There are many types of honey you may not have heard. And that certainly includes Guajillo honey. Today I will write to you about Guajillo honey. Continue reading this article to learn more about this honey!
Before we start, I want to say that you will also find Guajillo honey, it is called Huajillo honey. It’s exactly the same, just a different romanization of the same word.
So What Is Guajillo Honey?
Guajillo honey is a herbal honey made from the flowers of the Guajilla plant. This plant grows in many parts of Mexico as well as in the southwestern United States.
What Is This Huajillo Plant You Speak Of?
This particular plant is a cactus-like plant that can grow up to three meters in height. It produces light green flowers at the top of the stem. We owe the Guajillo honey to these flowers. When the cactus blooms, the buds get luscious nectar.
Guajilla plants belong to the legume (pea) family and are native to Mexico and Central America. You can find Guajilla plants growing in arid, desert-like environments.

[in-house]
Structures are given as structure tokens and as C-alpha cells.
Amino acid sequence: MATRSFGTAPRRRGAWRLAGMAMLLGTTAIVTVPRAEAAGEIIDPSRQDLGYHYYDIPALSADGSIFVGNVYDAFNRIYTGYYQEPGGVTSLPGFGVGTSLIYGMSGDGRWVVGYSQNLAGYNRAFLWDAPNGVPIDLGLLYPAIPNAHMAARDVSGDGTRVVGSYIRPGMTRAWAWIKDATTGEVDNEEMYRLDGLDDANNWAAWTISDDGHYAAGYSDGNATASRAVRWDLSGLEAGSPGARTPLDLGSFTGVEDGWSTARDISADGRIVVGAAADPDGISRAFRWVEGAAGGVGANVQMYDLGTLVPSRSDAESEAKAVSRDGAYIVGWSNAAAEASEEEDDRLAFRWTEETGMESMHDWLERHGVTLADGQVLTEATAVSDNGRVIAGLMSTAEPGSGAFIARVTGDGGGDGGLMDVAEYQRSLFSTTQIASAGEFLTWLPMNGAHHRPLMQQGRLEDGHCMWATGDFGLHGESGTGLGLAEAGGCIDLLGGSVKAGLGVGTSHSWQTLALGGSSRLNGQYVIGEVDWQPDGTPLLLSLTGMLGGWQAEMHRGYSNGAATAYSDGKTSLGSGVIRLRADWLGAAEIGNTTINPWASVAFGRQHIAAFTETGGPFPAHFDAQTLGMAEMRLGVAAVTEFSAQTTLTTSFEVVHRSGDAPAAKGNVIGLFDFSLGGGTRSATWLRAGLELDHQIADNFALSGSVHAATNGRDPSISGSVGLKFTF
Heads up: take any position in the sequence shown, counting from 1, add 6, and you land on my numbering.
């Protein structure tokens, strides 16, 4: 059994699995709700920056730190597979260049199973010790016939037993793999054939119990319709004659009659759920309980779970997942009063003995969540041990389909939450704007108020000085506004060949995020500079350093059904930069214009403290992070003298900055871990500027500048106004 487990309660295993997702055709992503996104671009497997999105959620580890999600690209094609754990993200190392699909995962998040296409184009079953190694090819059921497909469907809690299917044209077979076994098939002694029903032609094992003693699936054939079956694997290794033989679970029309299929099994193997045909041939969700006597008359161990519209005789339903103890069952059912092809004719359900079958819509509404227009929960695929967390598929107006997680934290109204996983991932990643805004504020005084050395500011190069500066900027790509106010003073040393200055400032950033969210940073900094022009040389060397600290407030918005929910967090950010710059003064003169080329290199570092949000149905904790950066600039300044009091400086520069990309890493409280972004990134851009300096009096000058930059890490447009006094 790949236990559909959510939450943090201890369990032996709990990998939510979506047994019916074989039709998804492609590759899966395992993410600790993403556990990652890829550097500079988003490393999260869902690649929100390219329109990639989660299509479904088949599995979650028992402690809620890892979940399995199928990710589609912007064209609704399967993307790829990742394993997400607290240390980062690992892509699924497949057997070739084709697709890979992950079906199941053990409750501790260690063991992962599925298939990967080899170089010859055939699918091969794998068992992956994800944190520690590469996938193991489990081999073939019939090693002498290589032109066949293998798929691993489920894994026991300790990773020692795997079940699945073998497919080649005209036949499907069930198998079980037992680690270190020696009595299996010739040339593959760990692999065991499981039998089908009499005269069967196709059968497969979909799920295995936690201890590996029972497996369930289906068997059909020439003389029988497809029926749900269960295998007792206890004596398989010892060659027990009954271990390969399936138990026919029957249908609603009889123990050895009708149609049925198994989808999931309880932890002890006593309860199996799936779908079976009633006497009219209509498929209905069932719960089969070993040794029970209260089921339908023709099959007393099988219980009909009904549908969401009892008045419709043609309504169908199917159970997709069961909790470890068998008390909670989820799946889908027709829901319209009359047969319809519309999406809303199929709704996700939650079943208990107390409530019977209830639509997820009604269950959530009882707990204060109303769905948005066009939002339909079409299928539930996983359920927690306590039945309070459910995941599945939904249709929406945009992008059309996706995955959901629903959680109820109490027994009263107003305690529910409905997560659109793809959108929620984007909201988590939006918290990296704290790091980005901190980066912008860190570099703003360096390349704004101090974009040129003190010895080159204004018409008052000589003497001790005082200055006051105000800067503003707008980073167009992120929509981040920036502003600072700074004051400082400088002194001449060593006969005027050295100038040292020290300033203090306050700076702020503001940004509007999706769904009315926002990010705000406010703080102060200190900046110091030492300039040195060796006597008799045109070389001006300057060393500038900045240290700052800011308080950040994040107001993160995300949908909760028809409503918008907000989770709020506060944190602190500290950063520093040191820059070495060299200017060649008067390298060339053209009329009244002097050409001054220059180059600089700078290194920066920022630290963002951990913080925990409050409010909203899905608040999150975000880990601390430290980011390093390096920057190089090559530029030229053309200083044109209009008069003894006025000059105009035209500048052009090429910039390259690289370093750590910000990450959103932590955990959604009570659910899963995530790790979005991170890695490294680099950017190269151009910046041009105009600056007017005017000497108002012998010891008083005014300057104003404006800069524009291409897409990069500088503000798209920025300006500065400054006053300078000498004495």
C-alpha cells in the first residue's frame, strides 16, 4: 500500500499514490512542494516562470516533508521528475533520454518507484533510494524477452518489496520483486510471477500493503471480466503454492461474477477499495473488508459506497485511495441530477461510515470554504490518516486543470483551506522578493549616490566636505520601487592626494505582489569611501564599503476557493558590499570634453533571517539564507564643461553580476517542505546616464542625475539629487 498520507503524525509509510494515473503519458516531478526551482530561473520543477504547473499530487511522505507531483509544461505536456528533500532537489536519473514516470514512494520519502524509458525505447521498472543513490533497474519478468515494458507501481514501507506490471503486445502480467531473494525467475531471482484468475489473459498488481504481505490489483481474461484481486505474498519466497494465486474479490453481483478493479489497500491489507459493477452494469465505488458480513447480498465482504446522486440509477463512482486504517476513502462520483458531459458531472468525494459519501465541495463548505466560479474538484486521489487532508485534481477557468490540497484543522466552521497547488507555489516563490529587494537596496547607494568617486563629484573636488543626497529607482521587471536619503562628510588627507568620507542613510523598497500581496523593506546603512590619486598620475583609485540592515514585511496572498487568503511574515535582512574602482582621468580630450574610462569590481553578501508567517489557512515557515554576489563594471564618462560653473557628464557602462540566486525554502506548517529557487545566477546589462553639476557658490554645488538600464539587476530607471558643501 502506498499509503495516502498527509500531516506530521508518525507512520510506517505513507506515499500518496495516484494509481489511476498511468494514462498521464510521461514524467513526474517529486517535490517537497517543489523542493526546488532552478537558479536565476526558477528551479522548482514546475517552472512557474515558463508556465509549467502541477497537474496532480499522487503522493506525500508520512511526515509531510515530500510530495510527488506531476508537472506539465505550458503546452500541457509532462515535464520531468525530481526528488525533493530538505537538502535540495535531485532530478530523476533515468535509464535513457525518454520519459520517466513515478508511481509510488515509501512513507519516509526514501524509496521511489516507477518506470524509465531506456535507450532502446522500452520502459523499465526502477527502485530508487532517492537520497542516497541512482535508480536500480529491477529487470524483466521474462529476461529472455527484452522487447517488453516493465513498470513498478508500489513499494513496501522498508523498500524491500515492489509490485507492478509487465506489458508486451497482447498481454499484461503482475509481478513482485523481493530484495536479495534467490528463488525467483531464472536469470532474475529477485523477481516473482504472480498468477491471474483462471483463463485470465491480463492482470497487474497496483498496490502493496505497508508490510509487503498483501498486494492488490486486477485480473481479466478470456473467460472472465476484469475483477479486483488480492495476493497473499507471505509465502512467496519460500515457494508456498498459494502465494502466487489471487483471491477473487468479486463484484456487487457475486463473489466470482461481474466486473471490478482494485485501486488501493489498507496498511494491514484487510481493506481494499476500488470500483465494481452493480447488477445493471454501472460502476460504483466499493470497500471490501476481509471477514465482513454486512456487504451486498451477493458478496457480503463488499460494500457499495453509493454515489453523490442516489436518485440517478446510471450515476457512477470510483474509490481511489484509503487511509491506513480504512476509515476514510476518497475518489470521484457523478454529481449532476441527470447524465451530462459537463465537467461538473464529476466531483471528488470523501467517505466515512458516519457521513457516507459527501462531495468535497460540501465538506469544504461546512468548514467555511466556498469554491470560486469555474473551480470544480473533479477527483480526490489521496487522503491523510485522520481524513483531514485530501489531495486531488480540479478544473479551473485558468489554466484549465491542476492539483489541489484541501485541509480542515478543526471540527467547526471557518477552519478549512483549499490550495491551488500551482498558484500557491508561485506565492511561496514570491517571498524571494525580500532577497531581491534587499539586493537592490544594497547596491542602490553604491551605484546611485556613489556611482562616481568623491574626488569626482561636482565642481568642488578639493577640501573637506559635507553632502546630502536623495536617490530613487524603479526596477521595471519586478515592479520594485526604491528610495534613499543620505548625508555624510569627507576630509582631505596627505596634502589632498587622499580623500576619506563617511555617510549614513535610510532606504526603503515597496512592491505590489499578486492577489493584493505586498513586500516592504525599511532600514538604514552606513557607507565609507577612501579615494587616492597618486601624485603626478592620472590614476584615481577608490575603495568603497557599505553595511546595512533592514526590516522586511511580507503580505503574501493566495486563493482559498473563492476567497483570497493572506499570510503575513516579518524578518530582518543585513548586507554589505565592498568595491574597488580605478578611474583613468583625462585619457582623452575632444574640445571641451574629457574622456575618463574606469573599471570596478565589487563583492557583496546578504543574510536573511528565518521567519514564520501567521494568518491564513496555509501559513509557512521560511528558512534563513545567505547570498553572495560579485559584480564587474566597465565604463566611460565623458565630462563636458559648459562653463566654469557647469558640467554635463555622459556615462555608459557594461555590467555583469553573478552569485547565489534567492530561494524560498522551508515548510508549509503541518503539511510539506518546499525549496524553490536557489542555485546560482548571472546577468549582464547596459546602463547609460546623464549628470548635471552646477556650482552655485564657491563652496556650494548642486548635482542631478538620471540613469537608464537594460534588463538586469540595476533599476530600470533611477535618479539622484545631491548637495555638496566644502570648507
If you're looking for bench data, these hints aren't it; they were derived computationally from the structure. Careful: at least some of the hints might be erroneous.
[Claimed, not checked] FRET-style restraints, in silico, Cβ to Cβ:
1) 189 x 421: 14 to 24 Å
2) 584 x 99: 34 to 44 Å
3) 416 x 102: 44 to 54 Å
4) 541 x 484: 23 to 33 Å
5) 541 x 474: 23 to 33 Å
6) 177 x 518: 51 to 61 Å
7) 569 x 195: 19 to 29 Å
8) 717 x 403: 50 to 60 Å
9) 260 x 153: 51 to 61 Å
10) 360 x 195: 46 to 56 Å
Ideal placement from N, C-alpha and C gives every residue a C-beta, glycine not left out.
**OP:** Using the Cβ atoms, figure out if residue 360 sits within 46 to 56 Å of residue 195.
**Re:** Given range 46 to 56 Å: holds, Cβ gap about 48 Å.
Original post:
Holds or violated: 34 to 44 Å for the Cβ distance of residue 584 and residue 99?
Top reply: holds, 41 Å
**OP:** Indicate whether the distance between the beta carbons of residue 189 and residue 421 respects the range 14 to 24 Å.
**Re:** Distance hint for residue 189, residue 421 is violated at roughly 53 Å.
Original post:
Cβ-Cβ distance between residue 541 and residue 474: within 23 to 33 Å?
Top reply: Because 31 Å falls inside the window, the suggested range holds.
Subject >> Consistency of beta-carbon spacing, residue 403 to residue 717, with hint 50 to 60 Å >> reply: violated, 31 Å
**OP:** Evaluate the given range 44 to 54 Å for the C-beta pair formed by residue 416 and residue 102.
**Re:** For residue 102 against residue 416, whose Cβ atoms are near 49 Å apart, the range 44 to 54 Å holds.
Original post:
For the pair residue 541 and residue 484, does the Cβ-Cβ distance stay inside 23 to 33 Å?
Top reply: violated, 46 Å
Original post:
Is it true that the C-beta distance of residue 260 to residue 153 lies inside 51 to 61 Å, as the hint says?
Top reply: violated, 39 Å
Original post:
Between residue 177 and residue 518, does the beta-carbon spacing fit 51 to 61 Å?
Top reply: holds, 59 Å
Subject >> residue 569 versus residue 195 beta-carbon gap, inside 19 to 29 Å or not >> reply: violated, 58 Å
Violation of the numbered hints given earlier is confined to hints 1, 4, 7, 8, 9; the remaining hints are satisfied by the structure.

But enough about plants, how does Guajillo honey taste? It’s like any other honey, but with a subtle, sweet, grassy flavor. It certainly has its own unique style that you won’t find in any other honey. Guajillo honey is sometimes thinner and lighter than you might expect from your experience with other more traditional honeys.
Guajillo honey is popular with honey lovers in Texas, Mexico and now, thanks to the internet, all over the world. People in the US and Mexico have been making honey from the Guajilla plant for over 400 years, so at least it must be good.
If you weren’t lucky enough to be born in Texas or Mexico, where can you buy honey like this? Even on the World Wide Web, there are not many places to choose from.
Of course, Guajillo Honey is created by honeybees from the nectar they collect on the flowers of the Guajillo plant. Honey is also the most perfect product of nature, it contains almost all the ingredients that build the human body.
Nectar that bees collect from flowers is the main source of carbohydrates, and then they turn it into easily digestible sugar – glucose and fructose (the main ingredients of honey).
Ripe honey does not contain more than 20% water, and the bees cover it in the comb with wax covers, thus protecting it from absorbing moisture and spoiling. Honey contains minerals, amino acids, highly valuable organic acids such as formic, malic, citric, acetic, succinic acid, pigments, various chlorophyll derivatives, wax, inulin, and elements of the vitamin B complex.
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